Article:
Shopping trolleys get to the show in time

For a maker of supermarket trolleys, to be able to quickly check whether its new designs are 'stackable' is critical. Dean Palmer finds out how rapid prototyping helped on a recent project



For many manufacturers, being able to verify new designs quickly and confidently in the form of a fully functional working prototype model, can help to increase confidence, cut lead times, reduce downstream manufacturing costs and lead to better overall products that exceed customers' requirements.

For Supercart, a leading supplier of supermarket trolleys, its design team was recently faced with such a problem. The company's primary concern with any new trolley design is how the model will work in practice: will it look and feel right for users and will it stack properly with other trolleys? Apparently, 'stackability' is a vital factor for potential buyers of Supercart's products, given the limited space that supermarkets have available to them, especially when trolleys are not being used by shoppers.

In late September 2004, Supercart's design team approached rapid product development specialist ARRK Product Development Group to help it develop a fully functional prototype model that would help the company assess its new design of trolley.

Following a visit to ARRK's site in Gloucester, project leader at ARRK Craig Vickers was able to guide the design team through the various processes available. These included stereolithography (SLA), selective laser sintering (SLS), fused deposition modelling (FDM) and downstream services, including polyurethane castings, paint and texturing services. ARRK advised Supercart to have full-sized SLS prototype models produced.

The trolley was produced in a series of sections using glass-filled nylon powder. This process offered Supercart excellent strength, durability and rigidity. Initially, ARRK's Martin Burgess and his team produced three separate prototype SLS models over a two- to three-week period. This process included numerous design 'tweaks'.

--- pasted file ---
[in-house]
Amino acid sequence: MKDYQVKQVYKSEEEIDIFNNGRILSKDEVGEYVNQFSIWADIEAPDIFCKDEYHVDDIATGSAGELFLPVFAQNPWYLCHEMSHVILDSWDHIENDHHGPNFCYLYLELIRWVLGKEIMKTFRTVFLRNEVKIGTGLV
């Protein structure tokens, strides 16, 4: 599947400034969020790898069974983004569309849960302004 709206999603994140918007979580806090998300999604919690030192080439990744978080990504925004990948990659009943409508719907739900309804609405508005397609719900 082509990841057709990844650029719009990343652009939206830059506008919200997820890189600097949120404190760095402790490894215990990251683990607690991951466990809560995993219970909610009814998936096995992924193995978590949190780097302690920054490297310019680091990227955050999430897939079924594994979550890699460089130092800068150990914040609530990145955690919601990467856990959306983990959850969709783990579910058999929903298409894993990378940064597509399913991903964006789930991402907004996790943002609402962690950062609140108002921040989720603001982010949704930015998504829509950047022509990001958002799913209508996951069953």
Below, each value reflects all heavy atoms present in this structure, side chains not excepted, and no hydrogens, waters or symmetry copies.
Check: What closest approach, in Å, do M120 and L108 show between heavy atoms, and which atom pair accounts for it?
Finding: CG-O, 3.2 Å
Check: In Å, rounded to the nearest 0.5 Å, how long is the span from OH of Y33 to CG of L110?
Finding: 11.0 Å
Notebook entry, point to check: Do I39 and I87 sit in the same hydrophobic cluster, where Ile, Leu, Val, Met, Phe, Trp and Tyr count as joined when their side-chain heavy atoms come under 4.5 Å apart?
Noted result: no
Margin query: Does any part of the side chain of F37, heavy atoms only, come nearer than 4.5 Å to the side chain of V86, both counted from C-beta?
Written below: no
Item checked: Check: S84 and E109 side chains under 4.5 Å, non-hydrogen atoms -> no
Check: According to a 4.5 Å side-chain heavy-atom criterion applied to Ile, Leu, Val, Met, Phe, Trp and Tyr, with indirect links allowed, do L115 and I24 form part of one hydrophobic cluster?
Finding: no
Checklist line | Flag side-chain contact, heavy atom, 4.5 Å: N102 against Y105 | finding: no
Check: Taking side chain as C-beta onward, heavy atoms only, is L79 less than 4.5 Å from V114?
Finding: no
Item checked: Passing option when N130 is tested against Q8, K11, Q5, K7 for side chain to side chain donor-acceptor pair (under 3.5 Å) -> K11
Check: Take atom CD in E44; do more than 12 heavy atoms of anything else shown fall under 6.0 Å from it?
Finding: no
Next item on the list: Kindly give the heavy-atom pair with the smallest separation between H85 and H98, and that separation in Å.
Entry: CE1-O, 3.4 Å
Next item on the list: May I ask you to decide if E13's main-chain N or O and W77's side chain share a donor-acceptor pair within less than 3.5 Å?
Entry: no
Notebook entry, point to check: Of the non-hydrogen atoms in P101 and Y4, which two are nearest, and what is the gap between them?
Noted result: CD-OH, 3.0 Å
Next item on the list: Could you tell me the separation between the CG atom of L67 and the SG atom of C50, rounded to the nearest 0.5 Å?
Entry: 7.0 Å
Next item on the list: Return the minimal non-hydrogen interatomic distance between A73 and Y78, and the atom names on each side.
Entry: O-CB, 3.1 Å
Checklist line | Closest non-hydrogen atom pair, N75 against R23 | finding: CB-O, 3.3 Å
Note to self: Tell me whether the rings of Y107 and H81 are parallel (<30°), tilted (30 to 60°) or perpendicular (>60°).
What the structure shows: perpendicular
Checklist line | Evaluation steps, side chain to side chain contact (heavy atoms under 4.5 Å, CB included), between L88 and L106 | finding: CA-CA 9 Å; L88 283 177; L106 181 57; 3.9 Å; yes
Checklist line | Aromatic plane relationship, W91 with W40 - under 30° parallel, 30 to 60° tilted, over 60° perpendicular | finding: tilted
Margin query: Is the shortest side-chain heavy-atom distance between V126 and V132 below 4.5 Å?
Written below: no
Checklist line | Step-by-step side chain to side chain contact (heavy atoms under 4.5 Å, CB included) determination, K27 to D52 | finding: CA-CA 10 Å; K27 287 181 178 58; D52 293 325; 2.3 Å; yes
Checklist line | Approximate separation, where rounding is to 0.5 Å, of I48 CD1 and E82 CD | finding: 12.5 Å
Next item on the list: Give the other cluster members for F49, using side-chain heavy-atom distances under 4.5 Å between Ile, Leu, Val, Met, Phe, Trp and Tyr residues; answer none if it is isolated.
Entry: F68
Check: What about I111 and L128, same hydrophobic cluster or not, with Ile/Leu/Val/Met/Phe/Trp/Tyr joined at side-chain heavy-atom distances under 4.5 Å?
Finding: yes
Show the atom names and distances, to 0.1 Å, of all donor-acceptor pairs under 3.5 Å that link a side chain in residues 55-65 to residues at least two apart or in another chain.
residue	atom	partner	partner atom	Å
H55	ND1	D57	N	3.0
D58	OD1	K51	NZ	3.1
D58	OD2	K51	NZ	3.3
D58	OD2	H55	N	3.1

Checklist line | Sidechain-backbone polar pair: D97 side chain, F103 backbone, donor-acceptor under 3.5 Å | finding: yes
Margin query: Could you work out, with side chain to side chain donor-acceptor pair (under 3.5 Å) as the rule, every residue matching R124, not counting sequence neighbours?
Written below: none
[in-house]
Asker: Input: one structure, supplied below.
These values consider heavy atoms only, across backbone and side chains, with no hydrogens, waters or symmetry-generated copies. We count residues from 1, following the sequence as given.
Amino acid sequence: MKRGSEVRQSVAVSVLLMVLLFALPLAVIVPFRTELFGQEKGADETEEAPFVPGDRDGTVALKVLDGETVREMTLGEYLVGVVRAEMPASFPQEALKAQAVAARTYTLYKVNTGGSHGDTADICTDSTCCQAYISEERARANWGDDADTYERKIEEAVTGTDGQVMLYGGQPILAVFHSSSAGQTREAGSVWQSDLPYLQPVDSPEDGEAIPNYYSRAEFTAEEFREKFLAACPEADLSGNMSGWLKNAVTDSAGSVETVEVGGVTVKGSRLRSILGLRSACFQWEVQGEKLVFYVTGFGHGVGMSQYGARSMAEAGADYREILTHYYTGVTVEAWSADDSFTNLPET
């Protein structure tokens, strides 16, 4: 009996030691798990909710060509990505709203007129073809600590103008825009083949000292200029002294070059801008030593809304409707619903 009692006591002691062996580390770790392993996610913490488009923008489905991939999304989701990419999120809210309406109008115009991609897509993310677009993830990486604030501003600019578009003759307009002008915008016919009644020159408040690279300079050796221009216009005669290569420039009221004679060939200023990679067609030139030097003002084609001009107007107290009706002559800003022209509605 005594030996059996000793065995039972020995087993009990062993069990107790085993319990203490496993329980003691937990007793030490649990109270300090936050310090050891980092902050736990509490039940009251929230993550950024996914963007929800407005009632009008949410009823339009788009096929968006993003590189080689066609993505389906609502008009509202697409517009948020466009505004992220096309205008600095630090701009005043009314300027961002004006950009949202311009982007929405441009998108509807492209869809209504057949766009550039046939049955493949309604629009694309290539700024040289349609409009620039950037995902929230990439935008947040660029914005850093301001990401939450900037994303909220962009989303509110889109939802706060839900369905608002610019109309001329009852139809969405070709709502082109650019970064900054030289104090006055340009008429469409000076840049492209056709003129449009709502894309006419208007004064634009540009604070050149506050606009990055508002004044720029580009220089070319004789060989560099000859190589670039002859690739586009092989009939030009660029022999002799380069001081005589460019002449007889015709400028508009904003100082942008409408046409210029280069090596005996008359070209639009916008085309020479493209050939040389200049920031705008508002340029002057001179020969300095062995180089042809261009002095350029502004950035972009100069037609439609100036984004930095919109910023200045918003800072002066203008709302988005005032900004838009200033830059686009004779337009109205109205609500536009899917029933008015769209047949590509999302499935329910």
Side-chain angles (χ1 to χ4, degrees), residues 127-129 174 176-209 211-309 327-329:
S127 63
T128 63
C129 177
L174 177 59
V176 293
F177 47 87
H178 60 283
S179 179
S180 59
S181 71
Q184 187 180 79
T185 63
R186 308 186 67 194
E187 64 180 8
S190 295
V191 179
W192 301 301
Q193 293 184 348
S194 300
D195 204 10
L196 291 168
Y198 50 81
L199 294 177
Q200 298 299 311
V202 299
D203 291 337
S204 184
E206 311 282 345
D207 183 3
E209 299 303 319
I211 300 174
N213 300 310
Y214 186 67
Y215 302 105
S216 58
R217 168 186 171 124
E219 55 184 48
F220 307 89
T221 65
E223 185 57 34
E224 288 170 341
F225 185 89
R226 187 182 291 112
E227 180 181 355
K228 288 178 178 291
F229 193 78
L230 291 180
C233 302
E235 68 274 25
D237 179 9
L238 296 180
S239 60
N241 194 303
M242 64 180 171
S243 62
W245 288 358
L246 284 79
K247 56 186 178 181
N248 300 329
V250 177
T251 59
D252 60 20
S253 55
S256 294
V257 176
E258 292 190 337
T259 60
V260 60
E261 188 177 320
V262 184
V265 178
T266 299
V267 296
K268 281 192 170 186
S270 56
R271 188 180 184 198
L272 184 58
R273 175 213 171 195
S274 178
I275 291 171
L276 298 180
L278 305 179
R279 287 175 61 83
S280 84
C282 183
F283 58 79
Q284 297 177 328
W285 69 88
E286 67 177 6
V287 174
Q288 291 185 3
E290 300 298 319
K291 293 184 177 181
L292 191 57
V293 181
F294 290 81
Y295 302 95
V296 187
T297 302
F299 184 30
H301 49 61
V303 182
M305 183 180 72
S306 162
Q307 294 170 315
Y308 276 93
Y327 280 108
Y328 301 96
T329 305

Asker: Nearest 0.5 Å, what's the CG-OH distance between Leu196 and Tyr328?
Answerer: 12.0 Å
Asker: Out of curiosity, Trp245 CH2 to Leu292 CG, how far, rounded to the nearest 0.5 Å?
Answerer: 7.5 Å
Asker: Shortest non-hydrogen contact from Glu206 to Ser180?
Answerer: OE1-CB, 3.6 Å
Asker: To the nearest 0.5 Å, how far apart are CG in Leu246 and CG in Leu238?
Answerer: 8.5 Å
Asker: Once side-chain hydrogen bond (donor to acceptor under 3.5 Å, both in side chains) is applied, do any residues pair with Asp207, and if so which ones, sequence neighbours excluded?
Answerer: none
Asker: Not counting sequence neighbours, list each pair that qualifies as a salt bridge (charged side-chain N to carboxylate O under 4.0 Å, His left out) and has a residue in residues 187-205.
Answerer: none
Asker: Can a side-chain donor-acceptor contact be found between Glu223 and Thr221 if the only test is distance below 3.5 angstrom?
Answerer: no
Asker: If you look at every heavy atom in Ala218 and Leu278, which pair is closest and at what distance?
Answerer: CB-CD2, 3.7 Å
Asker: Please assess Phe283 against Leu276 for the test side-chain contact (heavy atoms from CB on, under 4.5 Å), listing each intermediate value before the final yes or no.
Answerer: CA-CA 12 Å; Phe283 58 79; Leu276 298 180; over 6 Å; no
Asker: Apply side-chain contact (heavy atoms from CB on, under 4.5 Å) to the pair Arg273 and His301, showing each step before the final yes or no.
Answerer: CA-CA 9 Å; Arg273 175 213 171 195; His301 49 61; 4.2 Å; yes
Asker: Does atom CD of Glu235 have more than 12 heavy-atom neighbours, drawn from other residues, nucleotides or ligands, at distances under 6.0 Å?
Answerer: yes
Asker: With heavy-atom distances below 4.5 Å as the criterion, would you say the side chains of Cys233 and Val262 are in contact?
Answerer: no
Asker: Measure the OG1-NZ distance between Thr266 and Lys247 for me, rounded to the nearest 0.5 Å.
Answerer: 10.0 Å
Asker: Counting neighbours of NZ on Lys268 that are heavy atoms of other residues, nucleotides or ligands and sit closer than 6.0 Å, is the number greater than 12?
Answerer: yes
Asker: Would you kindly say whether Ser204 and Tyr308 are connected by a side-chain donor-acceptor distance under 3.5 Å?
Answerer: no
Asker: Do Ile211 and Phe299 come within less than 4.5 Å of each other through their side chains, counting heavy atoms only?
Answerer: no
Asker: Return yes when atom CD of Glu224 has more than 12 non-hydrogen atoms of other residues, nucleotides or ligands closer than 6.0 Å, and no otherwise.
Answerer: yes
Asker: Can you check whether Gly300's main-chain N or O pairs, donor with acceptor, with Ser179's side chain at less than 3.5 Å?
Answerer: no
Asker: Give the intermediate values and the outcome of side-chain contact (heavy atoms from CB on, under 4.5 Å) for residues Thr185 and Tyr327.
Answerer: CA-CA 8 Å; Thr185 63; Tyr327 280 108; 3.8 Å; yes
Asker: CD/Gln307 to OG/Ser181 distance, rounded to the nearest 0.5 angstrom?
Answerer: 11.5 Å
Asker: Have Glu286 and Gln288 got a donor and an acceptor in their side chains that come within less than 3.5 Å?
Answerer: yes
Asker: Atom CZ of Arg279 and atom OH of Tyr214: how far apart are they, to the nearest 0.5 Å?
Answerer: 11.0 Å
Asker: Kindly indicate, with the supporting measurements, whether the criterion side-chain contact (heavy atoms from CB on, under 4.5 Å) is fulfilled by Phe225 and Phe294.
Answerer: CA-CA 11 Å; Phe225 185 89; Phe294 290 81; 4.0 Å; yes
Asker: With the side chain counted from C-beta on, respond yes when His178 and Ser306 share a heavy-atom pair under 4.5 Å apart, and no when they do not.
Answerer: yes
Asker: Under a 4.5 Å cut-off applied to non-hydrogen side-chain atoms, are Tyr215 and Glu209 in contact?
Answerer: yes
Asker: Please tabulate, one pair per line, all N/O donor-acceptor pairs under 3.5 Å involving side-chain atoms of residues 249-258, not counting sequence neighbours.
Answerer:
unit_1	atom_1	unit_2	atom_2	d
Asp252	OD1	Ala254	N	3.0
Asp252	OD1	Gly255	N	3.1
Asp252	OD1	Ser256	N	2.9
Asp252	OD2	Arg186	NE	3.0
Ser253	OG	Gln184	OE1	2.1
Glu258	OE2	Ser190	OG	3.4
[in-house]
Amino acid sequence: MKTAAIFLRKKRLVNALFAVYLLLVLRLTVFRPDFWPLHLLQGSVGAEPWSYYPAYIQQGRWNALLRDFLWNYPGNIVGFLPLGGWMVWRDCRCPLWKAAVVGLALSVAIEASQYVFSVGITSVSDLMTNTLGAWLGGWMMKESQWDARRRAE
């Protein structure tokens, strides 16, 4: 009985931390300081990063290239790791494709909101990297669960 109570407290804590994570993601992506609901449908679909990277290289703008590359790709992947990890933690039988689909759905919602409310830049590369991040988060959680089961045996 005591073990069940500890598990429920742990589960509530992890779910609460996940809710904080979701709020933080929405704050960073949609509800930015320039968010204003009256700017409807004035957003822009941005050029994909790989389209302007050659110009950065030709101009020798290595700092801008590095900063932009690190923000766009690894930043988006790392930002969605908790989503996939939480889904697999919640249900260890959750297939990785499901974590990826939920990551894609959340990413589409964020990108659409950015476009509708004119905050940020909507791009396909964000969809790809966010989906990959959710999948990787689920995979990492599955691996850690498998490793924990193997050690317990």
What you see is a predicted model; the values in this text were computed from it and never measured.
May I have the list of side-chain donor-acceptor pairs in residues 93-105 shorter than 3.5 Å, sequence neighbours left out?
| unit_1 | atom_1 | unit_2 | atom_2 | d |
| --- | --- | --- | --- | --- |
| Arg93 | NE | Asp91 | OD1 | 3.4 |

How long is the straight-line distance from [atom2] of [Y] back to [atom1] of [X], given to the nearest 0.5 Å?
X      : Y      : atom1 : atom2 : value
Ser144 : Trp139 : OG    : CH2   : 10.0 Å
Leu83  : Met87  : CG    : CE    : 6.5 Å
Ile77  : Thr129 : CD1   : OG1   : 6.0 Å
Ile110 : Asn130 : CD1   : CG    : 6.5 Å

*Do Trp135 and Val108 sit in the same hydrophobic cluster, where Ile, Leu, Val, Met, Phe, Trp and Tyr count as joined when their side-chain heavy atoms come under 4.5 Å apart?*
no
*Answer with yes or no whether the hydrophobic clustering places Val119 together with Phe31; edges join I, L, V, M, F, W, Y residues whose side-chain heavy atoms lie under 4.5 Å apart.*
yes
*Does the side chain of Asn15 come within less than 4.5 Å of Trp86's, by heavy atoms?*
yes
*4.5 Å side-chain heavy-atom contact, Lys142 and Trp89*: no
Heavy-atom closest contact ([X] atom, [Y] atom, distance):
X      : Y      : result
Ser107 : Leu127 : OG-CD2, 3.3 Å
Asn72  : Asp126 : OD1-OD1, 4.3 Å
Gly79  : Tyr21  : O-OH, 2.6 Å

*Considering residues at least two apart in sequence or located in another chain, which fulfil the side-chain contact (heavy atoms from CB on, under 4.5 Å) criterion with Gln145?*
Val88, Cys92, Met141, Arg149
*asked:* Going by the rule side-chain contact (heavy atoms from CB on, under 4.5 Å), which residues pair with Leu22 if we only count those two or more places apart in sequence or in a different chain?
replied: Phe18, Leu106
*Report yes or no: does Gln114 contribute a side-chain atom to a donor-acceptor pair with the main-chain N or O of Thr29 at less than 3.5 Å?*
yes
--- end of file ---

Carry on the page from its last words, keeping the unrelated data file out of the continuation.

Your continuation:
ARRK has three SLS machines at the Gloucester site and so was able to offer Supercart significantly reduced lead times. Following assembly and trial stages, several modifications were made and incorporated successfully into the design by grafting them into the existing units. By doing this from the beginning, valuable time was saved and additional unnecessary expense saved in having to rebuild the complete trolley from scratch each time.

The project was completed on time and within budget, but also enabled Supercart to exhibit its new trolley on its stand at the global retail trade show 'EuroShop', held in Düsseldorf, Germany in February last year.

To attract potential buyers to Supercart's stand, ARRK delivered one trolley direct to Supercart's stand at the show. The trolley was fully finished and painted red and silver. Due to the positive attention this trolley received at the show, another trolley was later fully finished and shipped to Supercart's other facility. According to Marc Bouvier, marketing manager at ARRK, Supercart has subsequently requested further prototypes for several other trolley models for future launch.

Author
Tom Shelley

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